Ceremonies mark D-Day invasion

American World War II veterans salute as national anthems are played at Colleville American military cemetery, above Omaha Beach. The invasion, which occurred June 6, 1944, led to the eventual liberation of Nazi-occupied Europe.
American World War II veterans salute as national anthems are played at Colleville American military cemetery, above Omaha Beach. The invasion, which occurred June 6, 1944, led to the eventual liberation of Nazi-occupied Europe. (REMY DE LA MAUVINIERE / AP)

Veterans and tourists gather in Normandy.

Posted: June 07, 2013

COLLEVILLE-SUR-MER, France - Veterans of the 1944 Normandy landings gathered Thursday at the site of history's largest amphibious invasion for a day of ceremonies marking D-Day's 69th anniversary.

Around two dozen U.S. vets, some in their old uniforms pinned with medals, stood and saluted during a wreath-laying ceremony at the memorial overlooking Omaha Beach, where a U.S. cemetery holds the remains of Americans who died during the vicious battle to storm the French beach under withering Nazi fire.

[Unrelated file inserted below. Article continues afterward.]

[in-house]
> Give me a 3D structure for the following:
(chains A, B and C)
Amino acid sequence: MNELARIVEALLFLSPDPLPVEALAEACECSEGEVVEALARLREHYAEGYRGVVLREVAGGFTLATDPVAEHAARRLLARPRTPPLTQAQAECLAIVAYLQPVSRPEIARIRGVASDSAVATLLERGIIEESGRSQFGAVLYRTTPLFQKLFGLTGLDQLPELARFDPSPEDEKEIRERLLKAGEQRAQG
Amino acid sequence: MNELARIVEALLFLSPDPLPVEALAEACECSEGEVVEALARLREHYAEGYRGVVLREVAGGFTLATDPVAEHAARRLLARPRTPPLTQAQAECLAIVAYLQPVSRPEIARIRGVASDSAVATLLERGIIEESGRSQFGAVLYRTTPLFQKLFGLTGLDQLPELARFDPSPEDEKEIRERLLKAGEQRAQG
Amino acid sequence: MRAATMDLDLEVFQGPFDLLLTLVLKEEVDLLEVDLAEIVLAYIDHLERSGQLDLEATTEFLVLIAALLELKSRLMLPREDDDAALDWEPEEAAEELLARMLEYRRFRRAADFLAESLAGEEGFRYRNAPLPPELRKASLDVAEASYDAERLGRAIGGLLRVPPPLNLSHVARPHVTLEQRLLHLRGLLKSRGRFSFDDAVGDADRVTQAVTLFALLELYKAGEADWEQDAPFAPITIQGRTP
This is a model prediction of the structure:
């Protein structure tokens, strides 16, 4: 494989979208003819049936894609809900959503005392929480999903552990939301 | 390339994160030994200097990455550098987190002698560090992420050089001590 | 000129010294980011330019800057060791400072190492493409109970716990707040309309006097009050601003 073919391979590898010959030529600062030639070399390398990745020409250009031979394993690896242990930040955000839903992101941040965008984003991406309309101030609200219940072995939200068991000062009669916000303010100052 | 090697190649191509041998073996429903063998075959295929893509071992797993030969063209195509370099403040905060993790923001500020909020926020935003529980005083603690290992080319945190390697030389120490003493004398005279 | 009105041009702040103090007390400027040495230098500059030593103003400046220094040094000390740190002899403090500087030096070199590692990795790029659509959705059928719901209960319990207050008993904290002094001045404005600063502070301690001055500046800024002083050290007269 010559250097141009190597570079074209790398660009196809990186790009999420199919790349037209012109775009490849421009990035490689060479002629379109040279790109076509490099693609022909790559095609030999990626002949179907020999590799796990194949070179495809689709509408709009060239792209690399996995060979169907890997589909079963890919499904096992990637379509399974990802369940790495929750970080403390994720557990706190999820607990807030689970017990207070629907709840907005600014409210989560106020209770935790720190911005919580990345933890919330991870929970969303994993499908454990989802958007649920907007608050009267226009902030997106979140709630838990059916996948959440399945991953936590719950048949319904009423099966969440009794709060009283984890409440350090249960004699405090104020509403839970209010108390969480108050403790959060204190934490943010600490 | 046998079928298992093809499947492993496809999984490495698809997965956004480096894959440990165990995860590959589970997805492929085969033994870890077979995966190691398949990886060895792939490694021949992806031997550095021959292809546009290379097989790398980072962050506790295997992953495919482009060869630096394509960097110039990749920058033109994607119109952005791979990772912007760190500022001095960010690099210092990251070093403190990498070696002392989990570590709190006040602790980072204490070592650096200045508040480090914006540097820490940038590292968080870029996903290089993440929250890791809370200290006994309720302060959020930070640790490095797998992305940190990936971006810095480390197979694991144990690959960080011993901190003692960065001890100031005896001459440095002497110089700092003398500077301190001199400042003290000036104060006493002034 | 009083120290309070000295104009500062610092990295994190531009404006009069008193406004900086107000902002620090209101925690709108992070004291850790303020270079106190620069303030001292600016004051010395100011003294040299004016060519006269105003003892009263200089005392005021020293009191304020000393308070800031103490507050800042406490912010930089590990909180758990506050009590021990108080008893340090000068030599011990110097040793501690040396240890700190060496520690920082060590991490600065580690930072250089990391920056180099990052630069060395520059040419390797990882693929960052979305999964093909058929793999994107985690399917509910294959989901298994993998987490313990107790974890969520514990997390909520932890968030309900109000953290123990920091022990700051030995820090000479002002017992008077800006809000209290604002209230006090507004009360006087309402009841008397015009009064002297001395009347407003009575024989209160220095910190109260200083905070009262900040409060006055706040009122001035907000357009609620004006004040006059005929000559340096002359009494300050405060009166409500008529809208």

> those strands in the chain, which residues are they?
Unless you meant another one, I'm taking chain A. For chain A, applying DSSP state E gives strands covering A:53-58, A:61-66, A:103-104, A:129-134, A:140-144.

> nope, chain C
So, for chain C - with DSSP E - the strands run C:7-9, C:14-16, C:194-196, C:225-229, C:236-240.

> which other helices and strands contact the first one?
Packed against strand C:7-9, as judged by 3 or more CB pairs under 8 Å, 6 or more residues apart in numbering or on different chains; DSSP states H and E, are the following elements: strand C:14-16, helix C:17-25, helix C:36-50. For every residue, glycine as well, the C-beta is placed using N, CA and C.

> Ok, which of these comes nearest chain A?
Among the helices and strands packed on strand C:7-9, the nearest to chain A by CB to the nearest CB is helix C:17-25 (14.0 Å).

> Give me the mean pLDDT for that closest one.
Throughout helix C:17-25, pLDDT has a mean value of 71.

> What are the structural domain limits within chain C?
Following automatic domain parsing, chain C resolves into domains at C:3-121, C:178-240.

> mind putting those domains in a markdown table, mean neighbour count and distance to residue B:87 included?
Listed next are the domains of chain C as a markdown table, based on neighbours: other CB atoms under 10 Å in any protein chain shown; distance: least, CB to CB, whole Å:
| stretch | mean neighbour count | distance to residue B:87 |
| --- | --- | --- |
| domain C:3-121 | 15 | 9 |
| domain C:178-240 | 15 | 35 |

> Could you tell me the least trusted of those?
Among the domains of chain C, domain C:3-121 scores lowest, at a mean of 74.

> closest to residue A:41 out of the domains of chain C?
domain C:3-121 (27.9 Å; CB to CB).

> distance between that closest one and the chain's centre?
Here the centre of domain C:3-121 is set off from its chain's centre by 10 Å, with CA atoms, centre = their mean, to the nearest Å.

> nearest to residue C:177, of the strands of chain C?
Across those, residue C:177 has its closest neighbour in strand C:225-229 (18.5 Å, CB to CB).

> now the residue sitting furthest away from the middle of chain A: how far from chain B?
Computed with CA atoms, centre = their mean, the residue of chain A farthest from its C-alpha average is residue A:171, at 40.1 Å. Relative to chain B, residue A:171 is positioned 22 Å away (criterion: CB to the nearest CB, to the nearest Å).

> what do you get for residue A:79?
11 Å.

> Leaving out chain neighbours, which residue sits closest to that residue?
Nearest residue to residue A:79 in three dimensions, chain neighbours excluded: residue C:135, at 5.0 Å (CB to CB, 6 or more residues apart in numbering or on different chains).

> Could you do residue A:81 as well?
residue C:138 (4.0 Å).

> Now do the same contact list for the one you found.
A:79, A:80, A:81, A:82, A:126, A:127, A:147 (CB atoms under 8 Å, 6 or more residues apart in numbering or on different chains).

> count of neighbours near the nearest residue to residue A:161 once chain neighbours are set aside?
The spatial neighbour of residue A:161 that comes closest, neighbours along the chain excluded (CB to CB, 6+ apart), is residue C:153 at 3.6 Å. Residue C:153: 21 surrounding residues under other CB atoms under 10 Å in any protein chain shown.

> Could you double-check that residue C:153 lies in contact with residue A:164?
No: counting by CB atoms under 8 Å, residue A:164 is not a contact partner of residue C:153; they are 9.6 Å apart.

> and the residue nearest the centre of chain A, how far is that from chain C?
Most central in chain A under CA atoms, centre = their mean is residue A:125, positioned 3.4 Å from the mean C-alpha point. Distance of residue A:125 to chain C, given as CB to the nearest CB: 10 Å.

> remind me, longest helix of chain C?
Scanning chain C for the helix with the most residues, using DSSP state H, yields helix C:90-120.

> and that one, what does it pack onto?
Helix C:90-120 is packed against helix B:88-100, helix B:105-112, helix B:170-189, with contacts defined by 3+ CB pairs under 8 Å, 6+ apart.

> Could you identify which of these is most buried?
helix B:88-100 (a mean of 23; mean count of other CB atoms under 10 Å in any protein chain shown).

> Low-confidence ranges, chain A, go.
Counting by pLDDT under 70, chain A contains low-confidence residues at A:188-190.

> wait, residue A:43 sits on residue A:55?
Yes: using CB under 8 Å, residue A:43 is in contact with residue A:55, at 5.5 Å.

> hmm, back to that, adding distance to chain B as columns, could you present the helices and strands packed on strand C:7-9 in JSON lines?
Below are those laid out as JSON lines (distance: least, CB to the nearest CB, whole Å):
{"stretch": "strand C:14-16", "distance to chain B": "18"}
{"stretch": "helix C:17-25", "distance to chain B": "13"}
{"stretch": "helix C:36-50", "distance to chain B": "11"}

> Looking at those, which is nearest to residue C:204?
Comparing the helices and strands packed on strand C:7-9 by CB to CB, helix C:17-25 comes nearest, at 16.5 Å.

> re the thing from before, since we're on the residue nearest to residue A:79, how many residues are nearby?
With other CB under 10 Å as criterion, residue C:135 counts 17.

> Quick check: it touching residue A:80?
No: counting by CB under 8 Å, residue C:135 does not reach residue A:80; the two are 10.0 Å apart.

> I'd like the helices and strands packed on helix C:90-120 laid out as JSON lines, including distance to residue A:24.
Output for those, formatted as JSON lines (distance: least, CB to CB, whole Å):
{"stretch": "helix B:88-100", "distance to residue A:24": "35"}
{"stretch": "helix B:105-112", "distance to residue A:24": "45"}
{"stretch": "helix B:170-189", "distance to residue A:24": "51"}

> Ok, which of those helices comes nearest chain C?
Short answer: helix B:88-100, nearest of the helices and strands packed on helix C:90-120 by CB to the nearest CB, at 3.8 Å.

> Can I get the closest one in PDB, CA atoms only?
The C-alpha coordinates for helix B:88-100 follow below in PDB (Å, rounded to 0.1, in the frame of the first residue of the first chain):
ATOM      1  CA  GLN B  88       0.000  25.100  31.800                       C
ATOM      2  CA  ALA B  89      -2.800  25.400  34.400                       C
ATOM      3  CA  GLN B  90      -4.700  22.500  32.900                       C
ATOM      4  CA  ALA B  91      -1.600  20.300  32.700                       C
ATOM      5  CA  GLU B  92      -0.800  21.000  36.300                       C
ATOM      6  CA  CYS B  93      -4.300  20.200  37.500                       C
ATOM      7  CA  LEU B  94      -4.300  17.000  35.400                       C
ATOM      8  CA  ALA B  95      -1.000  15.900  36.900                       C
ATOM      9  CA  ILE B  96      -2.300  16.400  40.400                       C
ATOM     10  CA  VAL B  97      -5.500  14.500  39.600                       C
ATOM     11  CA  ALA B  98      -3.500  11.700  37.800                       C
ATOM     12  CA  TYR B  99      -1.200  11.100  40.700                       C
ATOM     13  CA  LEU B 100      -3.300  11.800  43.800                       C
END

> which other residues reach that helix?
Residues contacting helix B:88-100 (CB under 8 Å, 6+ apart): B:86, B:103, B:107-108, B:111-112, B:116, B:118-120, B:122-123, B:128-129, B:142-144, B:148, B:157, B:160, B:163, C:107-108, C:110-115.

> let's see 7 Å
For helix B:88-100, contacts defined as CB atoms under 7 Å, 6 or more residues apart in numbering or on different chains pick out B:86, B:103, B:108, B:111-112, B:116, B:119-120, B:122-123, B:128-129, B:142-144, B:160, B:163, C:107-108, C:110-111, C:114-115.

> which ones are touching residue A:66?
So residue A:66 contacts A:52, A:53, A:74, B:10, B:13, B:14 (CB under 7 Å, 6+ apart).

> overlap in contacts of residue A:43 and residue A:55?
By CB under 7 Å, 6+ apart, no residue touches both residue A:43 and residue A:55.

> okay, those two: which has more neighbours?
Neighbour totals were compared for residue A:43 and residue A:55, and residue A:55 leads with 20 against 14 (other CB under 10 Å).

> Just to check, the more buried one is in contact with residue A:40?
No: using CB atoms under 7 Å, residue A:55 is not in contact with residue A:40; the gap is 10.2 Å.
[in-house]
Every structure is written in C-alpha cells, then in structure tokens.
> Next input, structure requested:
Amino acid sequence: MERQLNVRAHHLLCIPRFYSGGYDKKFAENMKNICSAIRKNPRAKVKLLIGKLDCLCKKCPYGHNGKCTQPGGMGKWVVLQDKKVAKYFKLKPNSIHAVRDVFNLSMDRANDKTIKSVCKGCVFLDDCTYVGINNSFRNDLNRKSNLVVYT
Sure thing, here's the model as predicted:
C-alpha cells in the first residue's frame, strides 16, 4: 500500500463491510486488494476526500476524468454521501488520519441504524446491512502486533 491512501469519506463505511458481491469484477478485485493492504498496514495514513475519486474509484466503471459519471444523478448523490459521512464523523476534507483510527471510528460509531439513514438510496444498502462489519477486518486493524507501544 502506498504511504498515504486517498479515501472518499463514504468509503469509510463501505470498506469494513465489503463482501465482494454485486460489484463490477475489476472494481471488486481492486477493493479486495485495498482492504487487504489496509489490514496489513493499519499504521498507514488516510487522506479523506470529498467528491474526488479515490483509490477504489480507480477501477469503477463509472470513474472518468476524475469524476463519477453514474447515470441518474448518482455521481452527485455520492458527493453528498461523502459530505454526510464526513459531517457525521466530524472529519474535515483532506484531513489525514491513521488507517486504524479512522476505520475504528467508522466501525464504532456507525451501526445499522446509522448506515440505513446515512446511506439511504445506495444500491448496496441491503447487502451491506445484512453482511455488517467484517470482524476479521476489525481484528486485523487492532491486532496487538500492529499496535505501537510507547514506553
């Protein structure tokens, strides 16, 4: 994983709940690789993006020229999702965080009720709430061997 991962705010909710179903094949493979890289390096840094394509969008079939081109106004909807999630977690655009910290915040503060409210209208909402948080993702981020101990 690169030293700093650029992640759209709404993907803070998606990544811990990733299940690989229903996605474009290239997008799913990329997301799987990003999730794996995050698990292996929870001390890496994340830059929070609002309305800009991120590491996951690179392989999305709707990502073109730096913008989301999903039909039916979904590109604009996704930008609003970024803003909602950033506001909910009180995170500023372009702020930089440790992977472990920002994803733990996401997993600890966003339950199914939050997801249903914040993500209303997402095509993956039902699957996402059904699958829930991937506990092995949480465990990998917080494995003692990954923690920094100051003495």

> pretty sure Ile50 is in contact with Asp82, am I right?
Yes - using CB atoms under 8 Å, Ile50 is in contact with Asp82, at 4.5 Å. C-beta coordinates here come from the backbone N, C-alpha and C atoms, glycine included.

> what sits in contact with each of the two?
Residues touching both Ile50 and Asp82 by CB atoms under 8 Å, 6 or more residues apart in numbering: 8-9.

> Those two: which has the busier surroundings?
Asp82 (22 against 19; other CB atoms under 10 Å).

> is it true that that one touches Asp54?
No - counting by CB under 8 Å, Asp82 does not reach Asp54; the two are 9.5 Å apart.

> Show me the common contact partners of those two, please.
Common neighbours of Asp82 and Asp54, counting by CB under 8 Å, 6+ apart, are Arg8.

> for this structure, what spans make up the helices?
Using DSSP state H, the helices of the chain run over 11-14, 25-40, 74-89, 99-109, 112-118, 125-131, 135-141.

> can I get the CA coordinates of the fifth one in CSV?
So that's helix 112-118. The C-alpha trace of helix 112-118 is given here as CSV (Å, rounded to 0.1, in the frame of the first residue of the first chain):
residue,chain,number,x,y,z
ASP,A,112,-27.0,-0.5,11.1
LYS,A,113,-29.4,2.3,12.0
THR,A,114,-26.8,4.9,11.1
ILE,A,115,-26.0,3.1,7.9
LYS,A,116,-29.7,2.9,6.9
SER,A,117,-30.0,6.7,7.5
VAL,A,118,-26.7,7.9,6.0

Commemorations of the June, 6, 1944, battle began in respectful silence early Thursday morning, with the stars and stripes raised in a quiet ceremony at the cemetery.

Tourists, many from the United States and Britain, gathered under a brilliant spring sky to witness the flag-raising amid the neat rows of thousands of white marble crosses and Stars of David marking the graves of U.S. servicemen and women fallen in the Allied invasion of Normandy.

On June 6, 1944, Allied forces led by General Dwight D. Eisenhower stormed the beaches of Normandy, France, on "D-Day," beginning the liberation of German-occupied Western Europe during World War II.

A full day of ceremonies - including fireworks, concerts and marches - was taking place across Normandy in honor of the more than 150,000 troops, mainly U.S., British and Canadian, who risked or gave their lives in the invasion.

"The tide has turned. The free men of the world are marching together to victory!" Eisenhower said in a historic address after the invasion was launched.

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